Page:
Similarly, imagining the emotional turmoil of our Israelite ancestors, Sorotzkin posits that some of them, their sons cast into the Nile or children baked into the bricks [Pirkei De-Rabbi Eliezer 48:18], wanted nothing from the Egyptians but distance, while others demanded restitution.

So why did our Israeli brethren ultimately decide to take reparations? 

These reparations helped the state of Israel develop her natural resources and build infrastructure. In other words, what Sorotzkin intimates is the following: the Talmud’s answer regarding the fealty due to Abraham’s vision is true. It just took us about 1500 years to understand its profundity. It could only be understood through the tragedy of more recent history, of a wound more immediate.

Reparations, paid by German oppressors, owning their errors, and “placed upon the survivor’s children” [See Exodus 3:21], allowed building of intergenerational wealth and national prosperity, for Abraham’s “Land of Promise” to be realized.

And what about the deferred requests of Black Americans, who bravely and despite conflicting emotions, have asked collectively for reparations ever since Reconstruction promised 40 acres and a mule, which President Andrew Johnson failed to deliver. Furthermore, beginning in 1989 and every year afterward until his retirement in 2019 U.S. representative John Conyers Jr. proposed HR 40 (called thus after the 40 acres and a mule proposal), a bill requesting a congressional panel to explore reparations. Finally, in 2021, the bill was brought to a vote. 

And what happens when slavery never really ends, but shifts forms, from enslavement to convict leasing, to Jim Crow Segregation, lynchings and the Great Migration, to mass incarceration, as I learned on the Conservative-Masorti movement’s recent Racial Justice Pilgrimage?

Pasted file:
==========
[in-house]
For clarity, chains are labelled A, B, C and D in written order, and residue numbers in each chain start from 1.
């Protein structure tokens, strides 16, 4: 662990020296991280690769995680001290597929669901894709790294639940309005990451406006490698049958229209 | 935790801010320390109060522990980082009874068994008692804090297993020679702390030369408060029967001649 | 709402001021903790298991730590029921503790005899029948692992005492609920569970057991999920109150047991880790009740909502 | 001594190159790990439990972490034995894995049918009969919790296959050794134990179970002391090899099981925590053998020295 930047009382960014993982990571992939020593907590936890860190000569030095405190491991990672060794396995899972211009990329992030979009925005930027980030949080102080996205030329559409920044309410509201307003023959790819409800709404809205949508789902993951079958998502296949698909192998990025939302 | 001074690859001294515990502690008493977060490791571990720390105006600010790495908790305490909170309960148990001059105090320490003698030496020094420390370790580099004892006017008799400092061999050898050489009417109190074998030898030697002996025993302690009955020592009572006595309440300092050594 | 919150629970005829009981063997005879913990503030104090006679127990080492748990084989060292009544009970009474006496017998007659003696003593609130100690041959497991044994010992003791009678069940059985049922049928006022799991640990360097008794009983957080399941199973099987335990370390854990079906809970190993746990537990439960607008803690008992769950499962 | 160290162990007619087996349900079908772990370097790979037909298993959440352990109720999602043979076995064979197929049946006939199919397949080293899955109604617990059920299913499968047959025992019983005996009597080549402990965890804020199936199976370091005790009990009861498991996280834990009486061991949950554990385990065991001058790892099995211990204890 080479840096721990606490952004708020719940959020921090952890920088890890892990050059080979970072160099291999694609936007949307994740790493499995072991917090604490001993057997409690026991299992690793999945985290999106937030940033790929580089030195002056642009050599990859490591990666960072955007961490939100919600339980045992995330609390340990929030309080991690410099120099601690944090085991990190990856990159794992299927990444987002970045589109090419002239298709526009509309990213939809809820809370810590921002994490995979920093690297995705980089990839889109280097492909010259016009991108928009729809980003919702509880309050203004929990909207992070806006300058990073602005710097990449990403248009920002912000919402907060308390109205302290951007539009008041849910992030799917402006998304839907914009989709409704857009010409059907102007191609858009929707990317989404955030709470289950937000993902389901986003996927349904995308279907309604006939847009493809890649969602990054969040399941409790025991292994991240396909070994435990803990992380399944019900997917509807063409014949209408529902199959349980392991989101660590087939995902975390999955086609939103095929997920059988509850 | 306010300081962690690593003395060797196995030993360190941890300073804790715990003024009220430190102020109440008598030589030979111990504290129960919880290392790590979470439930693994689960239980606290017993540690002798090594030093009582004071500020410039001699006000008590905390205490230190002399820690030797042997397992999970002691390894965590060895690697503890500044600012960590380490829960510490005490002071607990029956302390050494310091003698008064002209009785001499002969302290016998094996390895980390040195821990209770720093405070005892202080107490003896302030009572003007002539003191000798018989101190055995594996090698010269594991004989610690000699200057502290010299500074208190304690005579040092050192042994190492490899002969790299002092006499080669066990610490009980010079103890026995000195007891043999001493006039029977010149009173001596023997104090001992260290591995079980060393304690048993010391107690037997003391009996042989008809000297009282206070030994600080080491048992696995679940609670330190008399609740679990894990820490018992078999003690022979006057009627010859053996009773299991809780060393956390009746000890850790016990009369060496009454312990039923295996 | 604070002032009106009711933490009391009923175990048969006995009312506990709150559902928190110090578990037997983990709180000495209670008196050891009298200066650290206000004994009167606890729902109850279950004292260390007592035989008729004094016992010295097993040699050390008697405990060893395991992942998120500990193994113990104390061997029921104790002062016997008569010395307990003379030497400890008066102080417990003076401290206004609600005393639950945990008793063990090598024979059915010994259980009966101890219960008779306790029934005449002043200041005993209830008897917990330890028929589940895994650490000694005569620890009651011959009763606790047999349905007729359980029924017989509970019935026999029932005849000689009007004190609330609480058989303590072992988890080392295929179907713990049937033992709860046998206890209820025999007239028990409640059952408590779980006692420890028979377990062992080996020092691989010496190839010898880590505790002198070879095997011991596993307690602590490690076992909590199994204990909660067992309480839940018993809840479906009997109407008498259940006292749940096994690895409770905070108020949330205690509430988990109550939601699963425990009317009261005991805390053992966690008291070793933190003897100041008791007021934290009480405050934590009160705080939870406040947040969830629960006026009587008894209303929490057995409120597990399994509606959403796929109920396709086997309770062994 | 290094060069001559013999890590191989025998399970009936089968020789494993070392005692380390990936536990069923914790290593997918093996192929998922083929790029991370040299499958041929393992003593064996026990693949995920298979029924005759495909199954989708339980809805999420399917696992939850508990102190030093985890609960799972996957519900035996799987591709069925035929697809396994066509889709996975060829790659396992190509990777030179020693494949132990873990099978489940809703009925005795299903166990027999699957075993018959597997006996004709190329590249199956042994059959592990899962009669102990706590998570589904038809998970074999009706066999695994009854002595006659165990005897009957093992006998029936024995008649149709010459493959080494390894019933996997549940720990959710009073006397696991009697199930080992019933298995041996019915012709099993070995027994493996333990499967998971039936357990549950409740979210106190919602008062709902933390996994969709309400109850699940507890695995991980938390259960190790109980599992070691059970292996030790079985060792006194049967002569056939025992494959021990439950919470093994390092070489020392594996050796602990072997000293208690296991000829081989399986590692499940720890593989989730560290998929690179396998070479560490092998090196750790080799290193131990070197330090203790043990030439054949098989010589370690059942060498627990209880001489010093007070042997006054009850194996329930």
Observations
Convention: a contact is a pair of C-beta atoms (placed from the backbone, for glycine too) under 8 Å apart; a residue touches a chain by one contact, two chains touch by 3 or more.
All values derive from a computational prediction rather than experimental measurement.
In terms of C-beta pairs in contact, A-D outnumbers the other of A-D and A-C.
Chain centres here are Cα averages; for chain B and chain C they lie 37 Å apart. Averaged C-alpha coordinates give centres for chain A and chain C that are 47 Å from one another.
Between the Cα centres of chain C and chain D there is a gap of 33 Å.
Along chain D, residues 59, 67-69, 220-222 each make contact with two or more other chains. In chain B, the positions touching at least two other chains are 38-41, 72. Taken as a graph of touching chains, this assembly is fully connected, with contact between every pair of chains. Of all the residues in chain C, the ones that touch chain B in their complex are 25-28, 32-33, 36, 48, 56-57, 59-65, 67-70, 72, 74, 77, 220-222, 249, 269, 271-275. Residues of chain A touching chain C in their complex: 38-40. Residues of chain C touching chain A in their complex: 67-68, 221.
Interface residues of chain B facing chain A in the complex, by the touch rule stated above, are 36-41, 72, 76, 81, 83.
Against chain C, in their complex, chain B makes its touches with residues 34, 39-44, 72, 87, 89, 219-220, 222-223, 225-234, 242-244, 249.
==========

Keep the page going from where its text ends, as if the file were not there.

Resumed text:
And what about communities like Africatown, Alabama, descendants of stolen enslaved persons who resisted and kept their West African customs, and asked that reparations take the form of a return to their homeland? The U.S. government, like hard-hearted Pharaoh, refused to make restitution.

What would it look like if America’s discussion about reparations was as passionate and robust as that of our Israelite forbears and German Shoah survivors in mid 20th century Israel?

And what about healing and restitution for American Jews who are also descendants of enslaved West Africans? Jews of Color currently comprise about 12% of the total American Jewish population.

We Jews, for both mythic, historical reasons, and for the sake of the value of ahavat Yisrael (cherishing the people Israel in all her beautiful diverse forms), have a stake in this delayed justice. Will we stand up, or be as intransigent and hard-hearted as Pharaoh?

Author

  • Rabbi-Cantor Michael McCloskey

    Michael works as Rav-Chazzan at Temple Emeth in Chestnut Hill, MA. President of the New England Region of the Cantors Assembly, he also serves on the CA Executive Committee, the Conservative Masorti Committee for Jewish Laws and Standards, and the Rabbinical Assembly's Racial Justice Subcommittee. He teaches courses through Hebrew College Open Circle Learning and at the Academy for Jewish Religion in NY. In his spare time, he loves to boulder and write poetry. His paper about the Golem and A.I. will be published by the Association for Jewish Studies this summer.

    View all posts

Author

  • Rabbi-Cantor Michael McCloskey

    Michael works as Rav-Chazzan at Temple Emeth in Chestnut Hill, MA. President of the New England Region of the Cantors Assembly, he also serves on the CA Executive Committee, the Conservative Masorti Committee for Jewish Laws and Standards, and the Rabbinical Assembly's Racial Justice Subcommittee. He teaches courses through Hebrew College Open Circle Learning and at the Academy for Jewish Religion in NY. In his spare time, he loves to boulder and write poetry. His paper about the Golem and A.I. will be published by the Association for Jewish Studies this summer.

Share This Post

Exploring Judaism Recent Posts

Find meaning in your inbox.

Subscribe to receive our latest content by email.

We won’t send you spam. Unsubscribe at any time.
Got questions?